A neoclerodane orthoester and other new neoclerodane diterpenoids from Teucrium yemense chemistry and effect on secretion of insulin

Mohammad Nur-e-Alam, Ifat Parveen, Barrie Wilkinson, Sarfaraz Ahmed, Rahman M. Hafizur, Ahmed Bari, Timothy Woodman, Michael Threadgill, Adnan J. Al-Rehaily

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Teucrium yemense, a medicinal plant commonly grown in Saudi Arabia and Yemen, is traditionally used
to treat infections, kidney diseases, rheumatism, and diabetes. Extraction of the dried aerial parts
of the plant with methanol, followed by further extraction with butanol and chromatography, gave
twenty novel neoclerodanes. Their structures, relative confgurations and some conformations were
determined by MS and 1-D and 2-D NMR techniques. Most were fairly conventional but one contained
an unusual stable orthoester, one had its (C-16)–(C-13)–(C-14)–(C-15) (tetrahydro)furan unit present as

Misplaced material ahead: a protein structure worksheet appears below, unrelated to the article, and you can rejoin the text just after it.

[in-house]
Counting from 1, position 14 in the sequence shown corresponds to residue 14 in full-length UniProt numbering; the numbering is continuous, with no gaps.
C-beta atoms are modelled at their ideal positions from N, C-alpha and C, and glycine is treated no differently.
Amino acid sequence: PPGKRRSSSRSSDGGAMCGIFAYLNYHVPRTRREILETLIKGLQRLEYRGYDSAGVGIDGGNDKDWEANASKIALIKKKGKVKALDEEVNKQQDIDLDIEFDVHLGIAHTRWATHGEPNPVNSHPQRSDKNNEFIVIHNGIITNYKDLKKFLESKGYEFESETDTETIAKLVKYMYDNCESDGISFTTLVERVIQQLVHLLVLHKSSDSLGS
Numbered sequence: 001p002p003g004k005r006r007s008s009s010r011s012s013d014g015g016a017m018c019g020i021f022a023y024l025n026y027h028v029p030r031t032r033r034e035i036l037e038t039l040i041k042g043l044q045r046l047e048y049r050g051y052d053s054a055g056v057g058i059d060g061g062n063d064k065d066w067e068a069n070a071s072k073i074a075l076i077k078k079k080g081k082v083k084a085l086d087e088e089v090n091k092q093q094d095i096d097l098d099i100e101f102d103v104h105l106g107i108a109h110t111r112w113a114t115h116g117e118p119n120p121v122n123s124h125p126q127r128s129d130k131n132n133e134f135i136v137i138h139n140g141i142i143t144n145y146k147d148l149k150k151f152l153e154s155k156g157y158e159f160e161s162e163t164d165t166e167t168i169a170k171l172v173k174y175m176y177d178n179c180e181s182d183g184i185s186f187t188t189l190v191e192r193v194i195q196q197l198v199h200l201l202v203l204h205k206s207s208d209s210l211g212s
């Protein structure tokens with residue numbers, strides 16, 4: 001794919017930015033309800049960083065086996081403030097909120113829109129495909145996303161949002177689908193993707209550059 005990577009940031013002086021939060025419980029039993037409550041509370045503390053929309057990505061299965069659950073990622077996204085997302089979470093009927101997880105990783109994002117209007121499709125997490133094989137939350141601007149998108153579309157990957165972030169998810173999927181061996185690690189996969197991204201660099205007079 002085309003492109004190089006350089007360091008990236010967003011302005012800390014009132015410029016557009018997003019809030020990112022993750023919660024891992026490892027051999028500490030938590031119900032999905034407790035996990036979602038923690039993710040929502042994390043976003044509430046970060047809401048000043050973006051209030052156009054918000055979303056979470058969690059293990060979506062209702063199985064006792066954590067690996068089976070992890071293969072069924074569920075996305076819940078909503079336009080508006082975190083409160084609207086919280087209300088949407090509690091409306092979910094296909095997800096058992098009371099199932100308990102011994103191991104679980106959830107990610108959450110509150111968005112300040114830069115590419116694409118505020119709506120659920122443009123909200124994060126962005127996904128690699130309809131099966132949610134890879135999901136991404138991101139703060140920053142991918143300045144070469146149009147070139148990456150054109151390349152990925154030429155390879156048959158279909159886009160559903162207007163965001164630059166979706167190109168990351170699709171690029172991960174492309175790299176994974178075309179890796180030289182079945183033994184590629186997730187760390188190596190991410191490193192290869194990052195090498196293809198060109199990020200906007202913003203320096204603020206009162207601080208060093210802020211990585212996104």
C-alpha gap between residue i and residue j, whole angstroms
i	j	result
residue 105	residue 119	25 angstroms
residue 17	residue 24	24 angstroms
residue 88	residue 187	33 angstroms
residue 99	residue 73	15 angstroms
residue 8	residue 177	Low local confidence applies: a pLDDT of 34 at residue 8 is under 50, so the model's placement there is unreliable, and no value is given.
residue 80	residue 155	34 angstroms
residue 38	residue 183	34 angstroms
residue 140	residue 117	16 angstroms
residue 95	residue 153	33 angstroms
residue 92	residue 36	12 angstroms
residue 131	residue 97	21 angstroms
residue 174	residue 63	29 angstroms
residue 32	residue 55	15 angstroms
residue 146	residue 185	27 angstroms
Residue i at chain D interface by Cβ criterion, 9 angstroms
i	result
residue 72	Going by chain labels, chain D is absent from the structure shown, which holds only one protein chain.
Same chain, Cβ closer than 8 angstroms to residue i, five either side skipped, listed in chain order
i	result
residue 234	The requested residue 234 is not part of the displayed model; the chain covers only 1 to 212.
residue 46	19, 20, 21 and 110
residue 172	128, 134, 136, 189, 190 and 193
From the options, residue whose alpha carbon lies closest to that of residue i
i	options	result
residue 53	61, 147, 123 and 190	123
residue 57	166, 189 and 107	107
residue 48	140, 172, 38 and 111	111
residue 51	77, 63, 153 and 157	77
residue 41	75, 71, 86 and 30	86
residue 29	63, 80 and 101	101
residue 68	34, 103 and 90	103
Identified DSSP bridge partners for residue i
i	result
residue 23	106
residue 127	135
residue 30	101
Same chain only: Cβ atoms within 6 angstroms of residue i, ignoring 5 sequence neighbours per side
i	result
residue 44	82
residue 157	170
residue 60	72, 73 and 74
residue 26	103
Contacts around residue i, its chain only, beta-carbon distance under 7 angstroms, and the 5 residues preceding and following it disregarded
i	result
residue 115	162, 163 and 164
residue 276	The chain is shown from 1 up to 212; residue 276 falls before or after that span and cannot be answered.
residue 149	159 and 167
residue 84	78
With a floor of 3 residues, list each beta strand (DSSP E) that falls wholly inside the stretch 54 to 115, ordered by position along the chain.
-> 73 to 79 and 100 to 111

a succinic anhydride and one had a rearranged carbon skeleton resulting from ring-contraction to give
a central octahydroindene bicyclic core, rather than the usual decalin. Mechanisms are proposed for
the biosynthetic formation of the orthoester and for the ring-contraction. Four novel neoclerodanes
increased the glucose-triggered release of insulin from isolated murine pancreatic islets by more than
the standard drug tolbutamide, showing that they are potential leads for the development of new
anti-diabetic drugs.
Original languageEnglish
Article number8074
JournalScientific Reports
Publication statusPublished - 13 Apr 2021

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